5,000 people is about how many people showed up to the Justice Conference on February 22nd and 23rd in Philadelphia, PA. Almost 10,000 if you include all of the simulcast locations. If you don’t know about the Justice Conference, it is an annual international conference held every year where people gather together and discuss what it means to pursue holistic justice. I don’t know about you, but it is pretty encouraging to see so many people passionate about this. It excites me to see that there are so many people out there that think it is better to give than to receive. I’m excited that people are ready and willing to make a difference. On top of that, there were hundreds of exhibitor organizations, ready and willing to equip people to pursue holistic justice that cares for the poor, marginalized, and oppressed. I’m so happy about that.
At the Justice Conference, I got to have many great conversations with people I’d never met before. Often, I would introduce myself to men by saying, “Hi, my name is Ethan.” Then the person would introduce himself, and then he would almost always ask, “So why are you here?” Whenever this question was asked by a man, I would first say, “well… I’m a Defender,” and then I would continue to say my other reasons, like me being a pastor, student, and writer on Justice. Almost always, the followup question would be, “Oh…what is a Defender?” Then I would get to explain about the Defenders, and I invited them to check out the website (and our booth at the conference), and to take the pledge. It was so awesome to see so many men excited about taking the pledge and becoming a Defender!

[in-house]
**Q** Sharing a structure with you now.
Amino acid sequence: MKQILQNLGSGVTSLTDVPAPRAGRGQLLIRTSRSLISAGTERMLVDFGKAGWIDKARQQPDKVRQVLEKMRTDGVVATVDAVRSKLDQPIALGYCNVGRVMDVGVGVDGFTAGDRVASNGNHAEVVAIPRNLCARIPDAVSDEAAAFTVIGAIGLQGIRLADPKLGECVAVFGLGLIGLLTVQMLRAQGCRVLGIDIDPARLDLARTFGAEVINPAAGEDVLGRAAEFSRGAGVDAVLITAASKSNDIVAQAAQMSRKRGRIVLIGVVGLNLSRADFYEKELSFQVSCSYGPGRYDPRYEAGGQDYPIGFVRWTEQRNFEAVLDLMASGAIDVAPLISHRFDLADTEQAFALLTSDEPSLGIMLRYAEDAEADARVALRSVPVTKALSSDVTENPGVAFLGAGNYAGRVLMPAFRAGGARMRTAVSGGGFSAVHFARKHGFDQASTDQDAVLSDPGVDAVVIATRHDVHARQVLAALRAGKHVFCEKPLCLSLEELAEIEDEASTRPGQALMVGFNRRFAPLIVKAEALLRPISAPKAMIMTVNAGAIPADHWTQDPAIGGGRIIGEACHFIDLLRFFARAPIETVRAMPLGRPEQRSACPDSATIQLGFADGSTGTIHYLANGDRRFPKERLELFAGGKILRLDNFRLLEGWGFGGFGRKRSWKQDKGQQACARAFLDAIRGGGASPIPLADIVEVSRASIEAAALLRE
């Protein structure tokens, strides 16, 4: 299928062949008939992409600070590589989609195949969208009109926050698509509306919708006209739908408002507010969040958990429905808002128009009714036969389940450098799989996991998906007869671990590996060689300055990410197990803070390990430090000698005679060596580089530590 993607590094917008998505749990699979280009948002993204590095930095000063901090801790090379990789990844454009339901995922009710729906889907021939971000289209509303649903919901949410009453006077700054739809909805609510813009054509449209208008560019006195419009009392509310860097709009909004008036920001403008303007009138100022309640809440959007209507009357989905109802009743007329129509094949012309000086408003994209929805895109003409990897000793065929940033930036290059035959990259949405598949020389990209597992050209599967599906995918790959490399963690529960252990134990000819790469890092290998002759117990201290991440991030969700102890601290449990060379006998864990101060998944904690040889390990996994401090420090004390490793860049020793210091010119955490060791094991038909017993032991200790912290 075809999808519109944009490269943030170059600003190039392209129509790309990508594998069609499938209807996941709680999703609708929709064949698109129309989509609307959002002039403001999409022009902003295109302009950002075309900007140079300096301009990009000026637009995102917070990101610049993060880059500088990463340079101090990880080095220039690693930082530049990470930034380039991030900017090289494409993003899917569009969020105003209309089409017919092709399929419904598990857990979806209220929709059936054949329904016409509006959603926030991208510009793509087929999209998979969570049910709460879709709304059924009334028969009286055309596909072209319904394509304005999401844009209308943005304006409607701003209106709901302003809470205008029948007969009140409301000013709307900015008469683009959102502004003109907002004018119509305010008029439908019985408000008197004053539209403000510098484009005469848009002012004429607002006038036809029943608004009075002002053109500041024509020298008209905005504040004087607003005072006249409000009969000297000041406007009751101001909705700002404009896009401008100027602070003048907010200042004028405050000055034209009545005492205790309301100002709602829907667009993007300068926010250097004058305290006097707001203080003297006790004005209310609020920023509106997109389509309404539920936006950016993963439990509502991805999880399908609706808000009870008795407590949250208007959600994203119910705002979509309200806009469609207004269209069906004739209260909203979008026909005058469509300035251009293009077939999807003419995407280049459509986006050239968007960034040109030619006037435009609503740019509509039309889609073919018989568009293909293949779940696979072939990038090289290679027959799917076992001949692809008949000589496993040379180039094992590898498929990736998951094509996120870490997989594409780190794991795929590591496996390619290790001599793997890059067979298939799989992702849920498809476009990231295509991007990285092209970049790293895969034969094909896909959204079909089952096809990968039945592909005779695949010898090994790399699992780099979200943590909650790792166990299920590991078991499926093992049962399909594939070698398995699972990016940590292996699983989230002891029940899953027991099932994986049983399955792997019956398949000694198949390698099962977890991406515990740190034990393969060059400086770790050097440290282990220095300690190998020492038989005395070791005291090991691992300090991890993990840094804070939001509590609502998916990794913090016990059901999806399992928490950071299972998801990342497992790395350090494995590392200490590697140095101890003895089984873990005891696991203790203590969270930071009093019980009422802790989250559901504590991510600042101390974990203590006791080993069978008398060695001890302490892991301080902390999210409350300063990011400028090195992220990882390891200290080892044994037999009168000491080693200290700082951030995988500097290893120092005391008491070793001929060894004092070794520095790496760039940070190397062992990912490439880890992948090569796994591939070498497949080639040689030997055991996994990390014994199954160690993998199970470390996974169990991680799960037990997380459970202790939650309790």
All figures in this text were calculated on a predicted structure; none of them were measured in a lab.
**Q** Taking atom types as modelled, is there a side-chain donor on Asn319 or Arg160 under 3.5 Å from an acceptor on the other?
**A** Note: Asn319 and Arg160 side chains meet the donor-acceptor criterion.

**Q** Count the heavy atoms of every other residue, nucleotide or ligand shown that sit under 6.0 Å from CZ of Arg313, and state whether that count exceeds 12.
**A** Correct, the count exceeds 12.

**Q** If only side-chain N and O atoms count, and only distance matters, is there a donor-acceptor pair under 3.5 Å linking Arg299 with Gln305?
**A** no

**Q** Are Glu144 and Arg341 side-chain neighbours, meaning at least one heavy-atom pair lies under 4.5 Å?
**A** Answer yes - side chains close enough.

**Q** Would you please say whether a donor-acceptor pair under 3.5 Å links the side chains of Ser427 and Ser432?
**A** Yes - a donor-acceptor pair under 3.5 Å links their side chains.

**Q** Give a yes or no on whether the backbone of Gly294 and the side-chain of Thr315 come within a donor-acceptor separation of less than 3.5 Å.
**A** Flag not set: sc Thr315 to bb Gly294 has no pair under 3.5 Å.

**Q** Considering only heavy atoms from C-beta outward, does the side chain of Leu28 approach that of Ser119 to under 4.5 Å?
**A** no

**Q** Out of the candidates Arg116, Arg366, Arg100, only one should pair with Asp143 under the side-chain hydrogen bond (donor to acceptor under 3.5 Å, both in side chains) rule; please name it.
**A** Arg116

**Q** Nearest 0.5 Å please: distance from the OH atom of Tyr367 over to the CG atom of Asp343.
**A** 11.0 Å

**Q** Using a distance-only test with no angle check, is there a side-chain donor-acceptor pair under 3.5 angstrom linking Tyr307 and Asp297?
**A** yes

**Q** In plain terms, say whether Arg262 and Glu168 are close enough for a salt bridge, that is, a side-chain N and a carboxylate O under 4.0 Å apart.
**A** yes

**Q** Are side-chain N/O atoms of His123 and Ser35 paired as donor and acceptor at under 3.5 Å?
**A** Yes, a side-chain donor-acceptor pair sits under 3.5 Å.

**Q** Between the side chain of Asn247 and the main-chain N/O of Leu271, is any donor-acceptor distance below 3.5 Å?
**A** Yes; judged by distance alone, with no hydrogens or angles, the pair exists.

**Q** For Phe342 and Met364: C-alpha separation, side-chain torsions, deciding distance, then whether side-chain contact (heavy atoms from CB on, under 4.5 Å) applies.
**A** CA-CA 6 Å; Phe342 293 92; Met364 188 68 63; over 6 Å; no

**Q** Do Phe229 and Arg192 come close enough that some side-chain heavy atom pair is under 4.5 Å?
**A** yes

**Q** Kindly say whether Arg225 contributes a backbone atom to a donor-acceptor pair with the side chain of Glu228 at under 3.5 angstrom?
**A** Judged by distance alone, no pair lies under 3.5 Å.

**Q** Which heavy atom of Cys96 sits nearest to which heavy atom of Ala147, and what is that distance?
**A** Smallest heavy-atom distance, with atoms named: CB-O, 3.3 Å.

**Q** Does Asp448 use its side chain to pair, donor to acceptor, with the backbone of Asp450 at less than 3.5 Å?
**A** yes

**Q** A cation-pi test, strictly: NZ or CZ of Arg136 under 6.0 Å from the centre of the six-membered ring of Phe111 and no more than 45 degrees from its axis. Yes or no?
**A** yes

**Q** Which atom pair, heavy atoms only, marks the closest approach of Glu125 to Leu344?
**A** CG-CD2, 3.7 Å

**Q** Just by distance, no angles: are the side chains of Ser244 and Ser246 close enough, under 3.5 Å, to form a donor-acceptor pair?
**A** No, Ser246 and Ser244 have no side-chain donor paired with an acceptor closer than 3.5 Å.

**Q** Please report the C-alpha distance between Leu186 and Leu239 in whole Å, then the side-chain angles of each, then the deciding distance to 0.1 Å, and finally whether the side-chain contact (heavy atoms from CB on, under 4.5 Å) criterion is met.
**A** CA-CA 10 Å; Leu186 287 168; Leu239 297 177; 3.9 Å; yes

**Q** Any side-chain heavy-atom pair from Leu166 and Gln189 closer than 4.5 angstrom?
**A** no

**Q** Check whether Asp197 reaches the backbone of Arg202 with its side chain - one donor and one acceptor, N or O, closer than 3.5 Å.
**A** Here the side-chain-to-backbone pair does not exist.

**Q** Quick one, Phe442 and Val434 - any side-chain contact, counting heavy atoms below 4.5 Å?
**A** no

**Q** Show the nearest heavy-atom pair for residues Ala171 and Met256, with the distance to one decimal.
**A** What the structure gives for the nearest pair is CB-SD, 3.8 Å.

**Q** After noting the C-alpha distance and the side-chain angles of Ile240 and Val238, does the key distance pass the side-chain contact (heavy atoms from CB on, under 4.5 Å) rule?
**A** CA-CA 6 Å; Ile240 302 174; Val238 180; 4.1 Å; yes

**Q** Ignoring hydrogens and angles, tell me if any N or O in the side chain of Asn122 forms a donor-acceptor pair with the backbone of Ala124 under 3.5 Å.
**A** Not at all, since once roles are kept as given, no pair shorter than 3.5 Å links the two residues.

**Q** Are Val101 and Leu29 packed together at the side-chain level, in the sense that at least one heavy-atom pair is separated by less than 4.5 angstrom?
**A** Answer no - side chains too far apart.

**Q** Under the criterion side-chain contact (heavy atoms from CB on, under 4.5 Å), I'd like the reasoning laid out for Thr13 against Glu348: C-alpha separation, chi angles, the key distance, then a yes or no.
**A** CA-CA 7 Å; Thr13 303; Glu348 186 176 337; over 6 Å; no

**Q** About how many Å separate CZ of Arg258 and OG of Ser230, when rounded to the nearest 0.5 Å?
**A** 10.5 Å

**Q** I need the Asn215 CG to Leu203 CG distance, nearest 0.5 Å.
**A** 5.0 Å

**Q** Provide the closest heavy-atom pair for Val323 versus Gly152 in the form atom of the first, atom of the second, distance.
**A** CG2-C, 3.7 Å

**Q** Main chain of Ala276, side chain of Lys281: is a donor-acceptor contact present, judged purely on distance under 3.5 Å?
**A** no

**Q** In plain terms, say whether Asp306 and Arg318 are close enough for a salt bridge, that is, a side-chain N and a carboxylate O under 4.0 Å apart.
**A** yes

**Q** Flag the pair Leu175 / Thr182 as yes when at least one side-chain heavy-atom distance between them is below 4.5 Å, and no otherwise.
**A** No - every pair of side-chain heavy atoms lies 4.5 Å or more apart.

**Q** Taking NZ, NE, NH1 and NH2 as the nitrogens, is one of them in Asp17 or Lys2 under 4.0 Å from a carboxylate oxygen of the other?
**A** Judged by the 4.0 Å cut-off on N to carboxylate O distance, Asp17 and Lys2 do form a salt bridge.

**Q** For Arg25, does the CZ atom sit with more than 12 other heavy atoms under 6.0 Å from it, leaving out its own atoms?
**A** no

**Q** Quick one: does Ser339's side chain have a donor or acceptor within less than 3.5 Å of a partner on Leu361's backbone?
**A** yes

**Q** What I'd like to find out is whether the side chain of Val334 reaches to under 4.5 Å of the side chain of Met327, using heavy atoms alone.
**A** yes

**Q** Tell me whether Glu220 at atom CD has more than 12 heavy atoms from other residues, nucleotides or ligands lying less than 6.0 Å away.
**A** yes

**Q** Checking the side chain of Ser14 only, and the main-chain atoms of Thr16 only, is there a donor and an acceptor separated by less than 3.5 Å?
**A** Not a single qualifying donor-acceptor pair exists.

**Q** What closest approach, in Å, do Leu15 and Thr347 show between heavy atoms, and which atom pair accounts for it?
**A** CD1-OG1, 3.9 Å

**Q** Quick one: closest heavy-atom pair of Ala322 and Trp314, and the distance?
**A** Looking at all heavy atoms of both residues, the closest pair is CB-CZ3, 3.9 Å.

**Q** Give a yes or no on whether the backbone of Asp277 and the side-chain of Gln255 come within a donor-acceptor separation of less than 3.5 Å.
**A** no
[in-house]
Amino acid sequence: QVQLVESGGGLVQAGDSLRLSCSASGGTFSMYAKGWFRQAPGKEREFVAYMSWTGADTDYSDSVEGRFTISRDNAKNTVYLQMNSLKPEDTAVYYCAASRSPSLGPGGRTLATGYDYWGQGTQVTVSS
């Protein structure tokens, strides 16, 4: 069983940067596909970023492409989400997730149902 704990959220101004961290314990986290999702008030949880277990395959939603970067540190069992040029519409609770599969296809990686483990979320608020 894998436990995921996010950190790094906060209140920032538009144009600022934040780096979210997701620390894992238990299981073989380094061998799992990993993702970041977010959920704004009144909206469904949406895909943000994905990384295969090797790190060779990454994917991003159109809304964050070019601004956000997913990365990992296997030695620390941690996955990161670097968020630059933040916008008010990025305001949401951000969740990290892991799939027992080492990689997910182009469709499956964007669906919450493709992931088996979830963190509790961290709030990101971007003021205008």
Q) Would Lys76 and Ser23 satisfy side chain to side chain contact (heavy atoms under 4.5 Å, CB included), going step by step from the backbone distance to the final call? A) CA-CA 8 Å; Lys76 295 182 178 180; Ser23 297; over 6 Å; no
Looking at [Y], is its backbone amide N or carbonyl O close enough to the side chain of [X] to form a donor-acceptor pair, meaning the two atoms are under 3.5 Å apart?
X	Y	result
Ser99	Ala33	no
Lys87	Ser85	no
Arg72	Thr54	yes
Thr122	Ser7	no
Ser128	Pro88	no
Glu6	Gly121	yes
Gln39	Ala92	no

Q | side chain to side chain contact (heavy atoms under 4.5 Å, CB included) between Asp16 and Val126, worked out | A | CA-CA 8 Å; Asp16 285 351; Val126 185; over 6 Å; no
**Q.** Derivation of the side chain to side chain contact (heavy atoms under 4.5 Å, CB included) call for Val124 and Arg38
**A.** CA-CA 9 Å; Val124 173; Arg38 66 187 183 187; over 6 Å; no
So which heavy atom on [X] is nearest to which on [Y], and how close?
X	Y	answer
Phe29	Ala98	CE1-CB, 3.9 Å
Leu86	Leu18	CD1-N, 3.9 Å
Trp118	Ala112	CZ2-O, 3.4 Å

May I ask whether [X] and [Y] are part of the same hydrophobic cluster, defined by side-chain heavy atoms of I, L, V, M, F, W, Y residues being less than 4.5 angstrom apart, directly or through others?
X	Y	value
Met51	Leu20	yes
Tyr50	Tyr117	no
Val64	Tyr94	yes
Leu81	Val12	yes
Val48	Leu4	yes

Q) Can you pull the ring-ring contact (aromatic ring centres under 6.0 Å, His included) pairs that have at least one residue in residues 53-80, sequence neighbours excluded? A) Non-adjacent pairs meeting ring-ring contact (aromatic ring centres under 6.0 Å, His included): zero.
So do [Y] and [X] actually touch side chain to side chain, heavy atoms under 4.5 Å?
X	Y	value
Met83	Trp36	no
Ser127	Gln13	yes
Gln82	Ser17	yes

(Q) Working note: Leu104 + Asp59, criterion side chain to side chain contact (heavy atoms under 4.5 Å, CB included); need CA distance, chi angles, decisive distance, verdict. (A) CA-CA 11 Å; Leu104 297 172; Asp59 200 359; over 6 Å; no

I’d like to spend some time thinking about the theology of a Defender. Brenda Salter McNeil, a speaker at the Justice Conference, said that our theology directly affects our anthropology. Theology is answering the question of who is God. This question will directly affect how you see and view people.
For me, I believe that God has a heart for the oppressed. I believe that God wants people to be well, to be whole, and to have dignity—including the women and children who are trafficked daily! Deeply rooted in my belief about God is the idea that he cares for the oppressed, the marginalized, and the well-being of all human beings. As you can see, my theology directly affects my anthropology. And I think yours does too. Think about that yourself, and ask this question: how do I view God and how does that affect how I view people? I think as Defenders, we need to have a Defenders theology. God cares for the widows and orphans, and he cares for women and children. Everyone has dignity. Everyone has rights. As a Defender, we are called to end the demand for commercial sex because that is at the heart of God’s desires.
I’ll end with another quote by Rev. Brenda Salter McNeil. “God is raising an army that is going to do justice and love mercy” and “God is [definitely] doing something unusual.” Defenders, its time to take action. We have the support of at least 10,000 other people who care about what we are doing to bring about justice. Be encouraged by that, and lets make a difference. Lets end the demand.